• ‘twiddling and doodling’ as research has shown this can help to aid concentration and learning
  • the use of ditties to remember and recall complex information
  • repeating and visualising key themes and models
  • visual reminders placed around the room
  • refocus sessions where participants can work in groups at the beginning of each session to recall the inputs from the previous sessions
  • role-play with feedback about how we got on
  • videos to help us see them practise key skills

TCI is competency-based, and you need to successfully pass a written test and two skills based tests. This helps to cement the learning process.

We have held in-house refreshers throughout the year with additional updates from supervisors to help maintain the core competency of the TCI model. The latest update for TCI trainers has been Post Crisis Response, where we have focussed on developing the skills of providing supervision and debriefing for staff using the TCI framework.

We also needed to amend the incident reporting to reflect the TCI principles.  This has had a two-fold affect on the staff, first improving the quality of the reporting and secondly helping staff by reinforcing the learning.



How has TCI helped staff when working with the young people …?

Staff Comments …

  • It’s given us the tools and techniques to help the young people in a way we can understand. (Support Worker)
  • It’s helped us move away from fire-fighting to supporting the young people to learn from their experiences and get their needs met in a more acceptable way. (Assistant Team Manager)
  • It’s helped the team to communicate better with each other, and given us a framework to do this. (Team Manager)
  • It’s given us a common language. (Trainee Applied Behaviour Analyst)
  • Asking and thinking ‘what does this person feel, need or want’ helps us to adjust our approach and think about things from where they are at rather than on the presenting behaviour. (Senior Support Worker)
  • It gives young people the opportunity to say how they were feeling and why they did things without forcing the issue … or making judgements … This is a real change for me. (Senior Support Worker)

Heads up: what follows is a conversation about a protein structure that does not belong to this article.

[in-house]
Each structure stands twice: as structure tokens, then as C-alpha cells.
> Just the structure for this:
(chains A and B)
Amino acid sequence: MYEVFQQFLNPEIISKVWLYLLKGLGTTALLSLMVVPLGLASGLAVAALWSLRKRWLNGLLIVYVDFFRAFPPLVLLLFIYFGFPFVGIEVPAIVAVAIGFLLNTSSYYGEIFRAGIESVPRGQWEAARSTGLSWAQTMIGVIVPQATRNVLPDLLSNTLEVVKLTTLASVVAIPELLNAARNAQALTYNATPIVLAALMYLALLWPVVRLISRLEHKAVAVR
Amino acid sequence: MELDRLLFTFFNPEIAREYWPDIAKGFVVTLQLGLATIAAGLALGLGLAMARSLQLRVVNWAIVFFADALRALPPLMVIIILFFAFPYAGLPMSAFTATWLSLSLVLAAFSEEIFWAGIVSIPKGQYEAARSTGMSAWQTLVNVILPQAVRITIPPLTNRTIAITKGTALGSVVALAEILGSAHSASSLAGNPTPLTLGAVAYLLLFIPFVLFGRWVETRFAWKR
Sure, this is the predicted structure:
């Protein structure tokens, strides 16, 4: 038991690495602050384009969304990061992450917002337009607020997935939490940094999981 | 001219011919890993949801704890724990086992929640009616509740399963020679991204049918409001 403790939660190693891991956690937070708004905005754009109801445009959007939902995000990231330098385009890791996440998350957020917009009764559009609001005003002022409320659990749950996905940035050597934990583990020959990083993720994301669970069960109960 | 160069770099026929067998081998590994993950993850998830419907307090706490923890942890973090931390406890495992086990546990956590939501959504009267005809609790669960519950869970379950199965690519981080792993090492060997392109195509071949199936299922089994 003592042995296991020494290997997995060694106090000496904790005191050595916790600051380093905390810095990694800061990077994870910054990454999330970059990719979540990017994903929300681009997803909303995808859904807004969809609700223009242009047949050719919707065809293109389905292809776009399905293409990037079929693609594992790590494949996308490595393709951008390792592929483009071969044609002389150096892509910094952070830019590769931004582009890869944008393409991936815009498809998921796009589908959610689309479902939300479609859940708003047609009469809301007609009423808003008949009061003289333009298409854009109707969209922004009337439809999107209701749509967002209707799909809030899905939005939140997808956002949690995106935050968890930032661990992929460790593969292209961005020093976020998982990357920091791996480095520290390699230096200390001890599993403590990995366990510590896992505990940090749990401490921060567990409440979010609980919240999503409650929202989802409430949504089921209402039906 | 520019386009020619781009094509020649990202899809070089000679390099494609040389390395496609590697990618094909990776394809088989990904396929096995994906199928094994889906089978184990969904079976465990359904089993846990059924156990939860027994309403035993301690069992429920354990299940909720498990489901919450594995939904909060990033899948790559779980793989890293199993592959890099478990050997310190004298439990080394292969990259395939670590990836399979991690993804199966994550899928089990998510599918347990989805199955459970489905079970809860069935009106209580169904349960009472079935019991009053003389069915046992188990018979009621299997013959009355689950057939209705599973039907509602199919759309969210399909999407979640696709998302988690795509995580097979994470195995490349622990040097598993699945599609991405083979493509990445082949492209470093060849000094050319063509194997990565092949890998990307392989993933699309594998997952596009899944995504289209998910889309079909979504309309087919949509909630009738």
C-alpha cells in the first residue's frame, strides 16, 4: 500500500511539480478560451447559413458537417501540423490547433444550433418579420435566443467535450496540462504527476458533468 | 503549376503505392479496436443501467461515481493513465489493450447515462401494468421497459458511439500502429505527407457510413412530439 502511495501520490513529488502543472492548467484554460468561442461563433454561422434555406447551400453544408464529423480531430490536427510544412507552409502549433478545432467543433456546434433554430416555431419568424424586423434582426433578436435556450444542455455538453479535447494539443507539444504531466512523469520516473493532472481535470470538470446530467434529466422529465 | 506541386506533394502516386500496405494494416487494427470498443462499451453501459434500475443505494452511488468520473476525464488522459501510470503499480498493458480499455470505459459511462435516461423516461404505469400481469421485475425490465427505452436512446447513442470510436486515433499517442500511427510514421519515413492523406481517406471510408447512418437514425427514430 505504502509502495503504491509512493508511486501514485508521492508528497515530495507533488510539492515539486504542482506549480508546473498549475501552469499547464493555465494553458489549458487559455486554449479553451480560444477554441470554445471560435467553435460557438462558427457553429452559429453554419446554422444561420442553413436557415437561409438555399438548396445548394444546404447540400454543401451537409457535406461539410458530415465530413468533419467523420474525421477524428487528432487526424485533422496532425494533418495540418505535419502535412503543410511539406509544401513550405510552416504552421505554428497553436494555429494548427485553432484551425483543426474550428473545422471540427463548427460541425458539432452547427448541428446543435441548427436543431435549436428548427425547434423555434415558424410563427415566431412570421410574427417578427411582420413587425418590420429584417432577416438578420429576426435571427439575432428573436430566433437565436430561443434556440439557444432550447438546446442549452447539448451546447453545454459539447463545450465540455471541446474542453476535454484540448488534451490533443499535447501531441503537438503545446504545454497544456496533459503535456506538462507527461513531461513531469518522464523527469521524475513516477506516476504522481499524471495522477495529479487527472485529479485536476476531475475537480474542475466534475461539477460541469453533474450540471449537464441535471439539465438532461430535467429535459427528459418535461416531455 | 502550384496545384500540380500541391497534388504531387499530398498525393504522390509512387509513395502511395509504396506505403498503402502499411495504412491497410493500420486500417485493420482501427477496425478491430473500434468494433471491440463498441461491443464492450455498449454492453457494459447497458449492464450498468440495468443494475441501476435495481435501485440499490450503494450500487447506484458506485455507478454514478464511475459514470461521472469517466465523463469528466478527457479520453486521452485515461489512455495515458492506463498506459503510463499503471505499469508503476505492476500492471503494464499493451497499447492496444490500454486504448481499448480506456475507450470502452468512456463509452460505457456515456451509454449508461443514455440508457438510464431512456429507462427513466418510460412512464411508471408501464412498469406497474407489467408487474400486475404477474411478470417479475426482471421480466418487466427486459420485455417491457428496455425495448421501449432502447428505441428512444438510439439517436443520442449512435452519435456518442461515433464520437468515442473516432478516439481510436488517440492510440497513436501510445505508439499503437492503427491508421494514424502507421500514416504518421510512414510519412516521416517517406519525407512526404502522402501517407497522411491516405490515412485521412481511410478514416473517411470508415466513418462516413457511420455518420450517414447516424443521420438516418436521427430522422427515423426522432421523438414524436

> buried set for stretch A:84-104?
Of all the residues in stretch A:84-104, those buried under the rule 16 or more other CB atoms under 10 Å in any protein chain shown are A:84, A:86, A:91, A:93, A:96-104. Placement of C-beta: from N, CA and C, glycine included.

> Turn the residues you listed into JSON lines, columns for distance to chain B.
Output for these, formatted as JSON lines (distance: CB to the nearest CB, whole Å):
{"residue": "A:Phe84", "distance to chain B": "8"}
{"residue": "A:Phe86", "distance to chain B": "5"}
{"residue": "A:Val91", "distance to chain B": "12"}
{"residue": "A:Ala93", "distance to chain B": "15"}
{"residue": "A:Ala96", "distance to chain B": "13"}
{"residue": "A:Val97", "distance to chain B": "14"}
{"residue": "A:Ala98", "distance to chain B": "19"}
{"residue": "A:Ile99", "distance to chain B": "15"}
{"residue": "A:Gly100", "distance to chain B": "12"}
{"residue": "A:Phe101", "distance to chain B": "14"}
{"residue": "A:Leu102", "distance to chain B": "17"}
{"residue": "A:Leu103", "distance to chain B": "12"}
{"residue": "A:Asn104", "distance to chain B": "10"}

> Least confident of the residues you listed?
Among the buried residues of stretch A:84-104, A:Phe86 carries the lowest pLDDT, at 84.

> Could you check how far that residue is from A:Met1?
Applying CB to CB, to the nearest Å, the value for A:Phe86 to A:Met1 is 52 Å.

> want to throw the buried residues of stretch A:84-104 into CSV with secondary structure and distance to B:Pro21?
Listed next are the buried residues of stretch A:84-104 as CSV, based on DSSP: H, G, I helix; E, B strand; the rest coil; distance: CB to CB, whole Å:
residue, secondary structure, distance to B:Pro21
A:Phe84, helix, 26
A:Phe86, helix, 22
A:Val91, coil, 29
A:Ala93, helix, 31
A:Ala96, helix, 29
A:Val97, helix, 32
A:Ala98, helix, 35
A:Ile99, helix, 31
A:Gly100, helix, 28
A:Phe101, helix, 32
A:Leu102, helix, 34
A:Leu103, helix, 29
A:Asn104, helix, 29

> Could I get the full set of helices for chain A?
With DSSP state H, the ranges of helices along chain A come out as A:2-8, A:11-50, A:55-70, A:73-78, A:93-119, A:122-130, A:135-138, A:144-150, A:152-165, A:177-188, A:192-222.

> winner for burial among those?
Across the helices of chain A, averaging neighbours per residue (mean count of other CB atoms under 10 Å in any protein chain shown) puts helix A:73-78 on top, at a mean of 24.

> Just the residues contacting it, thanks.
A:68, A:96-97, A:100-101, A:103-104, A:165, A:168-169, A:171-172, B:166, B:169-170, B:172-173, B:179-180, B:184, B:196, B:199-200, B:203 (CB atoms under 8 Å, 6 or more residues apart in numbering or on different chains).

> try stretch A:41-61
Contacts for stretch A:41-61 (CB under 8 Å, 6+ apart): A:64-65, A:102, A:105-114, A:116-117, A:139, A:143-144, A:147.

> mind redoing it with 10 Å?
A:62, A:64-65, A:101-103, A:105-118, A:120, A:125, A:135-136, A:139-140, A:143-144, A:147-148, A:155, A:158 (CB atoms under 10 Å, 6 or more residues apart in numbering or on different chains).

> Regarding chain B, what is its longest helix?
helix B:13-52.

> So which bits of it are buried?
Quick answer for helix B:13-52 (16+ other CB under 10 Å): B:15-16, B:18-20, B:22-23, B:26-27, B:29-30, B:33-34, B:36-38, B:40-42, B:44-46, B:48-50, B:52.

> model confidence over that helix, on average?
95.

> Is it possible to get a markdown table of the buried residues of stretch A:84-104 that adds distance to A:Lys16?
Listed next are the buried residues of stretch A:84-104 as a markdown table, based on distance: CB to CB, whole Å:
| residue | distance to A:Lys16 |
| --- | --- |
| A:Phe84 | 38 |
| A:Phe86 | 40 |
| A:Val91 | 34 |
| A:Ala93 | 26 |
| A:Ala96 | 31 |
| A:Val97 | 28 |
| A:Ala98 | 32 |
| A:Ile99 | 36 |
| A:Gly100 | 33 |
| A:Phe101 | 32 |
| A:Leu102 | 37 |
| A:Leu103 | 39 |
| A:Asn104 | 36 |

• We are moving away from problems (seeing behaviour as a problem) to support and understanding. (Assistant Team Manager)
  • We are being more successful at intervening when the young people show signs of agitation and understand the need to pick up on signs of agitation as soon as possible. (Teacher)
  • The behaviour support techniques make so much sense. (Support Worker)
  • The intervention approaches make so much sense. It has helped me work out when I am using the right or wrong approach depending on the circumstances. (Senior Support Worker)
  • We have learned to be more patient and wait, to give the young people time and space. (Assistant Team Manager)
  • We listen more and involve the young people in working things through. (Senior Support Worker)
  • There’s more participation between all of us and between ourselves and the young people. (Senior Support Worker)
  • We are developing better and stronger relationships as a result. (Senior Support Worker)
  • We realise we have been relying too much on ‘relating’, not that this is a bad thing, but some of the young people need structuring and directing because of their needs and this helps them to learn. (Senior Support Worker)
  • It stays in your mind … It’s simpler to remember than other approaches we been asked to use. (Assistant Team Manager)
  • There is less arguing with the young people and more listening. (Team Manager)
  • We are helping them to develop coping skills rather than them having to get angry and upset or cause problem in order to get their needs met. (Care Manager)
  • It has helped me to develop my input with the young people more clearly. (Teacher)

 Comments from Team Discussions:

  • We’ve now got permission to help young people think and work things through instead of pretending nothing ever happened.
  • It works brilliantly with M****.